Marion Owen

At first glance, this flying insect looks fuzzy, like a bee. But it’s eyes, wing arrangement and antennae tell you it’s l fly. Though not a bee, it’s still an important pollinator. Marion Owen photo

There’s a reason why hawkweed is known devil’s paintbrush. (Such names aren’t given to angelic plants, right?). Hawkweed is now listed as one of Top Ten noxious weeds in the U.S. and is reported in all by 15 states.

Hawkweed has managed to find its way to many exotic places. Mount Rainier National Park is coping with yellow hawkweed, a close cousin to orange hawkweed, is threatening to take over the wildflower meadows, earning a place in Washington’s “Noxious Weed Coloring Book.” Other recent victims include New Zealand and Australia, to the dismay of local farmers and ranchers since even cattle won’t eat it.

Speaking of ranchers, in Idaho, researchers are trying to figure out a way to take a bite out of hawkweed. One scientist visited a local pasture and was amazed to find an impenetrable mat of hairy, ground-hugging leaves. He counted as many as 3,200 hawkweed plants per square yard. “They were literally on top of each other.”

Hawkweed is closely related to the dandelion, also a member of the Asteraceae family. In fact, Hawkweed, with its 10,000+ recorded species and subspecies, do their part to make Asteraceae the second largest family of flowers. But if you’re a homeowner in Kodiak, you don’t want to hear those statistics.

Blythe Brown, aka “The Weed Lady” has one piece of advice for anyone dealing with hawkweed: “Now that it’s blooming, people need to pull off the blooms before they go to seed.”

Orange hawkweed looks like a small blushing daisy on a tall, hairy stem. Many gardeners fall under its spell and think, “Oh, what a pretty flower.” And that’s exactly how it emigrated from Europe and leapfrogged its way across the U.S.

Once hawkweed appears in your yard, trouble begins. For many homeowners, it can mean the beginning of the end to their nice lawn, raised beds and other planted spaces as they struggle to get rid of it.

Noxious weeds are a problem for everyone. For starters, you might see a substantial decrease in property value. Who wants a yard carpeted with weeds? According to the Committee for Noxious and Invasive Plants Management in Alaska (CNIPM), noxious or invasive plants have the ability to dominate native vegetation. “They grow rapidly, mature early and are able to reproduce both sexually and vegetatively.” This enables invasive plants to out-compete native vegetation, like the researchers in Idaho discovered.

Entire ecosystems can be altered as plant communities--from wildflower meadows and pastures to wetlands and waterways--change from native to nonnative. On Kodiak Island, several hawkweed “hot spots” have choked out many acres of native wildflowers.

How to identify hawkweed? You can see local hot spots along Mission Road and below the Baranov Museum. Several villages have it, too. Hawkweed (Hieracium aurantiacum) is a perennial plant (which means it returns each year) with shallow, fibrous roots. Its leaves are hairy, up to 5 inches long, and develop at the base of the plant. The 12 to 18-inch stems are usually leafless, although they are covered with small hairs. The orange-red flowers form at the top of the stems.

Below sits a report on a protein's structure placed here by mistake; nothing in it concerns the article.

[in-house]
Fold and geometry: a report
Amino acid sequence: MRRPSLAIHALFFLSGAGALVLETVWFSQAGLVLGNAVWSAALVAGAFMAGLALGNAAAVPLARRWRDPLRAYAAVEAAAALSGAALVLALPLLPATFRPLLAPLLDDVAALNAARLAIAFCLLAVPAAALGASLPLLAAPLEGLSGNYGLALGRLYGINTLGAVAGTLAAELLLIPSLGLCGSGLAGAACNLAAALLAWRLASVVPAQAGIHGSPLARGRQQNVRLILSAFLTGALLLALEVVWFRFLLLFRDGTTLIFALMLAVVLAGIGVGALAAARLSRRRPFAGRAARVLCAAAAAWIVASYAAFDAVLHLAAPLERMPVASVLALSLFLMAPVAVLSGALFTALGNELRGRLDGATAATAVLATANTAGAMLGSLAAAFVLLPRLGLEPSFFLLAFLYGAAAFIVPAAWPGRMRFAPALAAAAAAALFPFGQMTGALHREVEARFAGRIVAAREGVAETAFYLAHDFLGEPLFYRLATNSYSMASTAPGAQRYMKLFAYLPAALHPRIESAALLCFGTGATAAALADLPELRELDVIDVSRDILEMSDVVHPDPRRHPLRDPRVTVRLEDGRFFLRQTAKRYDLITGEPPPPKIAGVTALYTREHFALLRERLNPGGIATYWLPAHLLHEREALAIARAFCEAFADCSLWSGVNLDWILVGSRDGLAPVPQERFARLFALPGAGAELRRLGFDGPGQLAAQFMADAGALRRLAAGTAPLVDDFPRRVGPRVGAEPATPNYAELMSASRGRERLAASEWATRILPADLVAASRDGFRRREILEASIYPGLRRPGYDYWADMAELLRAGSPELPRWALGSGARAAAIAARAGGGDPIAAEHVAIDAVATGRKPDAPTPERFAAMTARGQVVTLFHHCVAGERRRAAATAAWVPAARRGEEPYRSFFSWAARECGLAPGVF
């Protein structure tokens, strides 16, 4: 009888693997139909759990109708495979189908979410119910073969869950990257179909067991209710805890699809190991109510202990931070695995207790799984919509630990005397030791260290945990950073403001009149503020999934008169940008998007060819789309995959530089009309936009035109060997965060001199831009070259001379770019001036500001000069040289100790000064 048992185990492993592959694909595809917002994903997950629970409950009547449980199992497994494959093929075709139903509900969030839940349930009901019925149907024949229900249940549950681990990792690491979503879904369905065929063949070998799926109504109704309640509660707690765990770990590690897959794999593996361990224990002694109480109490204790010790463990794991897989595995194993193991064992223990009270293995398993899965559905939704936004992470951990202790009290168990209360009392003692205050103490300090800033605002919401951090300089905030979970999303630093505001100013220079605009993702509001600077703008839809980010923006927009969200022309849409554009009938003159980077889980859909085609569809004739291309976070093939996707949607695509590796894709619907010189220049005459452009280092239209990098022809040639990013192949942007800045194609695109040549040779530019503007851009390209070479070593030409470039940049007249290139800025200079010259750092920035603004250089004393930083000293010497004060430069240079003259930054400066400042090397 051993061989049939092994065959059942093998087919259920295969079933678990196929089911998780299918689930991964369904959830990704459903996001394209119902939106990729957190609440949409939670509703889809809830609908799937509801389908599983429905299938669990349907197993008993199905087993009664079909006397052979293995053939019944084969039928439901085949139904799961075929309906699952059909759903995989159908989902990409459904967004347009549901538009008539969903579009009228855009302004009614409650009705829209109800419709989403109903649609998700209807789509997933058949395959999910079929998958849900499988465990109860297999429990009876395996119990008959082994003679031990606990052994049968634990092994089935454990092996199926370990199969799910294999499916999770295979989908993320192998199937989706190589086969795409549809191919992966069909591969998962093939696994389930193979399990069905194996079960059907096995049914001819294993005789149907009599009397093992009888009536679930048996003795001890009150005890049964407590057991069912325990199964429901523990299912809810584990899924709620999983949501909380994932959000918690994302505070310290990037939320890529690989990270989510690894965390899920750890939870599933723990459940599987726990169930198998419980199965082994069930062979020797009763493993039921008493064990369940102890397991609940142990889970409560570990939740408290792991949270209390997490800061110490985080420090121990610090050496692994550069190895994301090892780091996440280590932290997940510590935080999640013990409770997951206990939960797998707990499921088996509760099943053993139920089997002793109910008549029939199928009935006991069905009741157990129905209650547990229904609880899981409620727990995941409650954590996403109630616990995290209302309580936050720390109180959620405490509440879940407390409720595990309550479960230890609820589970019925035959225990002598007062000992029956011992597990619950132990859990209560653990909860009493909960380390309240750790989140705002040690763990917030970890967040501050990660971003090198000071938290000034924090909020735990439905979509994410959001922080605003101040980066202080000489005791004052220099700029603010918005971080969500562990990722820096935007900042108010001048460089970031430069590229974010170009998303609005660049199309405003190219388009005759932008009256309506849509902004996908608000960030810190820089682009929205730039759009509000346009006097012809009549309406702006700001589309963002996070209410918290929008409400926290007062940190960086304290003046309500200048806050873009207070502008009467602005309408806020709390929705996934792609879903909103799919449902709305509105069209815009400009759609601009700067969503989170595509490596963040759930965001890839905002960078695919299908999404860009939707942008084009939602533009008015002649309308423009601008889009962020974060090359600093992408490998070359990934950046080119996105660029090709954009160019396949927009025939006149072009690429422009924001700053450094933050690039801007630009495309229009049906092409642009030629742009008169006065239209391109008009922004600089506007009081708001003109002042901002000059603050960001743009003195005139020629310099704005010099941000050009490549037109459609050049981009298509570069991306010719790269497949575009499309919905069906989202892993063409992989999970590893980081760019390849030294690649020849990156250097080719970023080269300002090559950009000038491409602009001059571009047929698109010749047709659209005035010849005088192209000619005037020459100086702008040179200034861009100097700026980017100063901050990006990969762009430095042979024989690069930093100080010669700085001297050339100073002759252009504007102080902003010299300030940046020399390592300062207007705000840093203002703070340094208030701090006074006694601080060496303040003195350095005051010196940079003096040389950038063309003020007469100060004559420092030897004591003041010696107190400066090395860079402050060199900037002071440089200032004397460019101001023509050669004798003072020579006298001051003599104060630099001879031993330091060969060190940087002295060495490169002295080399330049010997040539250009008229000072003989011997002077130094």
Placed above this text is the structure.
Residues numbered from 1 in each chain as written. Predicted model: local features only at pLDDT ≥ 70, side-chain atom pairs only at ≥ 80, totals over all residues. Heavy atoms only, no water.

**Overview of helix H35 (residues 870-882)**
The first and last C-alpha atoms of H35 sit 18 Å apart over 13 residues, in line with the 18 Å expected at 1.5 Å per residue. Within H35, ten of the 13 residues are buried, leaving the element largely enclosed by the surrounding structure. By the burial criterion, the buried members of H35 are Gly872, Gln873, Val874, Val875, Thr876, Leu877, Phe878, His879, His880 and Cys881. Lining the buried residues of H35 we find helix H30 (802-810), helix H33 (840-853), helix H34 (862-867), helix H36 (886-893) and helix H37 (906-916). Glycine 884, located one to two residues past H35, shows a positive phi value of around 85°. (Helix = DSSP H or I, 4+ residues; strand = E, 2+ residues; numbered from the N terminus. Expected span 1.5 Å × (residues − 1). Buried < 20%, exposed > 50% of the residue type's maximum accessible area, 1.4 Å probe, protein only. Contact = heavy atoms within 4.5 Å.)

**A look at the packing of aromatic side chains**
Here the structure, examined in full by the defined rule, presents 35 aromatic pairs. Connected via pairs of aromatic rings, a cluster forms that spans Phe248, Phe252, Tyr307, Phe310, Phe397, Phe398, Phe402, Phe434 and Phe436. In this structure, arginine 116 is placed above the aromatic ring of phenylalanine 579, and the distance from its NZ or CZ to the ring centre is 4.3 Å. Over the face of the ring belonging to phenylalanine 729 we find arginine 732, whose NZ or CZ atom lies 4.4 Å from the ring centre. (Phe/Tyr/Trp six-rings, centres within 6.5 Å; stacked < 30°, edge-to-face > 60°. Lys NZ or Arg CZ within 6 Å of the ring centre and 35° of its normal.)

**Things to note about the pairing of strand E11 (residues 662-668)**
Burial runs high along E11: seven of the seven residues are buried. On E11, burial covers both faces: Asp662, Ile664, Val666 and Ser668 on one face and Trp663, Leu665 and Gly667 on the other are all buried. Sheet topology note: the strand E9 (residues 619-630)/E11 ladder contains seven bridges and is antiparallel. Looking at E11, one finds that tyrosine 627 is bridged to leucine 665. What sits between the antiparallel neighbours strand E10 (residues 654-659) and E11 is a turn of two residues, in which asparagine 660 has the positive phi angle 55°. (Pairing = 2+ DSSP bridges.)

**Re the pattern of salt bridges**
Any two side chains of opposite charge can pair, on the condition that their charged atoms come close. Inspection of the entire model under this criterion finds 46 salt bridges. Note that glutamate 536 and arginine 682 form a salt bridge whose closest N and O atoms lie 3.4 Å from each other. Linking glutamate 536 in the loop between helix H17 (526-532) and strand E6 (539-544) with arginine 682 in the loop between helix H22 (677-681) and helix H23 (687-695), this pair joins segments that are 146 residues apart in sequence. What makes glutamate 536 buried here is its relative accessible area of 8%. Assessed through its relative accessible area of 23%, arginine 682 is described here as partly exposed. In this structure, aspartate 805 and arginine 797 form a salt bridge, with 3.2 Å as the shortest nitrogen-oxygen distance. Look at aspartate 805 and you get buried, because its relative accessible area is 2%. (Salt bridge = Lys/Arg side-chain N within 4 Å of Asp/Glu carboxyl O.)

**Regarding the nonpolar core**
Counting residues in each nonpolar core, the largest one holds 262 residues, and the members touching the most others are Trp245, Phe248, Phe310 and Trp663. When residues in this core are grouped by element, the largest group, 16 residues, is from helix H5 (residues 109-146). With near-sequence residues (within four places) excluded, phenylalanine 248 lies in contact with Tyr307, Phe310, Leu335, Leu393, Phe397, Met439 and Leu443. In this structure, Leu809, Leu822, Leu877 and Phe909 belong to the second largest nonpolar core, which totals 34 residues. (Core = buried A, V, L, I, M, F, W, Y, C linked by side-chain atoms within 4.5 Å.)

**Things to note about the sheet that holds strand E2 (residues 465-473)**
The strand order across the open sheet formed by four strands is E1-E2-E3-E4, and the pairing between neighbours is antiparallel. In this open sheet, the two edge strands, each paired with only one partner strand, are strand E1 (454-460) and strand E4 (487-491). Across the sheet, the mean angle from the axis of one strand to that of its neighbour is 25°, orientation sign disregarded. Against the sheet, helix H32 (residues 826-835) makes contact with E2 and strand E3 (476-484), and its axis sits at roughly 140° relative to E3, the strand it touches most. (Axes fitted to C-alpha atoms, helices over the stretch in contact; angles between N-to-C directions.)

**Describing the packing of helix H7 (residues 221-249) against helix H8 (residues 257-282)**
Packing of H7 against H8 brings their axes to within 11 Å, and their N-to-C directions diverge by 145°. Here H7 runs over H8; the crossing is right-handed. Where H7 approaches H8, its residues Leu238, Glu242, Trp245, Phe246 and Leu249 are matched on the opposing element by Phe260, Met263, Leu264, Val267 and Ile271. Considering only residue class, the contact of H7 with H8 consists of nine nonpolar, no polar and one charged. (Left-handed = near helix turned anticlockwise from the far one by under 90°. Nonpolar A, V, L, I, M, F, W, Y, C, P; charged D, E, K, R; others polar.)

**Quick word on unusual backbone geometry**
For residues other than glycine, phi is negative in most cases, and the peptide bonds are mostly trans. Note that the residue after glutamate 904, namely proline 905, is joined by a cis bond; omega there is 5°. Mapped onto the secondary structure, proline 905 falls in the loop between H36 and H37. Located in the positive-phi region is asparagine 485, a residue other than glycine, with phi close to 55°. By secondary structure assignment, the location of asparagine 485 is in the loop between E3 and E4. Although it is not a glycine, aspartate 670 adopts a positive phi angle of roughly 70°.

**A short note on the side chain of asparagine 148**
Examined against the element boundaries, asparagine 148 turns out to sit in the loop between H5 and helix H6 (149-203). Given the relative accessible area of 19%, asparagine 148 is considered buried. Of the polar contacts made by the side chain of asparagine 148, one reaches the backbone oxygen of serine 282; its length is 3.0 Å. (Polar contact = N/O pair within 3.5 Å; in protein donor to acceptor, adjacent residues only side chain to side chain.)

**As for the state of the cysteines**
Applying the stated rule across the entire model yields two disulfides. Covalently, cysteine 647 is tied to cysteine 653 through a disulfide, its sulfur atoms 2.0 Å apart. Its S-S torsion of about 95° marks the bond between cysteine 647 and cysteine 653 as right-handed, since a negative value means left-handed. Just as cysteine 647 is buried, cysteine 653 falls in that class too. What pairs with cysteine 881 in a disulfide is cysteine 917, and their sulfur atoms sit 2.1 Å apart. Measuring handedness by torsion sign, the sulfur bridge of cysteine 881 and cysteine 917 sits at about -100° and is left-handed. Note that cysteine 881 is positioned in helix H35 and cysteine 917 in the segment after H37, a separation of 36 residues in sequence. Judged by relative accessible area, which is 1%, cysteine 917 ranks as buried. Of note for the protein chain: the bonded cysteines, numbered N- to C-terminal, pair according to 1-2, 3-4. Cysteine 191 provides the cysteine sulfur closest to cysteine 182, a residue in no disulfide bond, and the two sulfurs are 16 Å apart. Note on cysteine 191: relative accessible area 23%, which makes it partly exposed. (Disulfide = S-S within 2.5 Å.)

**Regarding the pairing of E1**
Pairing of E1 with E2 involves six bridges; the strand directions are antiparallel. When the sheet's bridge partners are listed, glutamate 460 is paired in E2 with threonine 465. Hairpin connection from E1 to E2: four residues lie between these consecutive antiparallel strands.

The appearance of hawkweed is a gardener’s curse worse than dandelions and chickweed, mostly because it can live happily ever after in poor soils. What’s more, it spreads by not one, but several different ways. Seeds are dispersed by wind and are easily carried on vehicles, animals, shoes and clothing. Hawkweed also sends out underground runners and surface stolons, much like strawberry plants. Eventually, the roots form a tightly woven mat that eventually chokes out other plants, including native plants.

Steven Seefeldt of the University of Alaska Cooperative Extension Service said in his PowerPoint presentation, “Alaska Hawkweed and Control of the Orange One,” orange hawkweed first appeared in Juneau in 1961.

How to control hawkweed?

For small isolated patches, pulling out the clumps (making sure you get every last bit of root and rhizome) is very effective. (Double bag it before disposing of it). Boiling hot water or vinegar poured onto the base of the plant can be effective too, depending on how dry/wet the area is and how established the plants are.

The problem escalates when larger areas become infested. Seefeldt says that mowing large areas of hawkweed only spreads it further. For large areas, it seems the best way to eradicate it is by using herbicides. Even Jeff Lowenfels, Mr. Organic Gardener and weekly columnist for the Alaska Dispatch says that if your yard is overrun with hawkweed, “apply herbicides and start over.”

That said, you must follow the label on the container exactly as written. Remember, more is not always better and ‘the label is the law.’

The only way to enjoy hawkweed flowers is to pick them for disposal or to adorn a vase. But you’d better toss out the bouquet before the seeds blow out the window. All in all, it’s best to heed the advice from Lewis J. Clark, author of the book, Wildflowers of the Pacific Northwest: “Introduce into one’s garden with peril.”

The garden job jar:

Pull hawkweed flowers off their stems before they go to seed.

Deadhead annuals and perennial flowers

Weed. Weed some more.

Go on slug offensive maneuvers.

Sow more lettuce, spinach, salad greens, peas, broccoli and kale.

Thin carrots and beets.

Is your garlic ready for harvest? Dig down to check your underground garlic bulbs for ripeness.

Hoophouse and greenhouse folks: Be on the alert for gray mold, aphids.

Take photos.

Got a gardening question? Join the Kodiak Garden Club or the Kodiak Growers Facebook group. To contact Marion: mygarden@alaska.net. You can also follow Marion on Instagram and through her blog: http://marionowen.wordpress.com.

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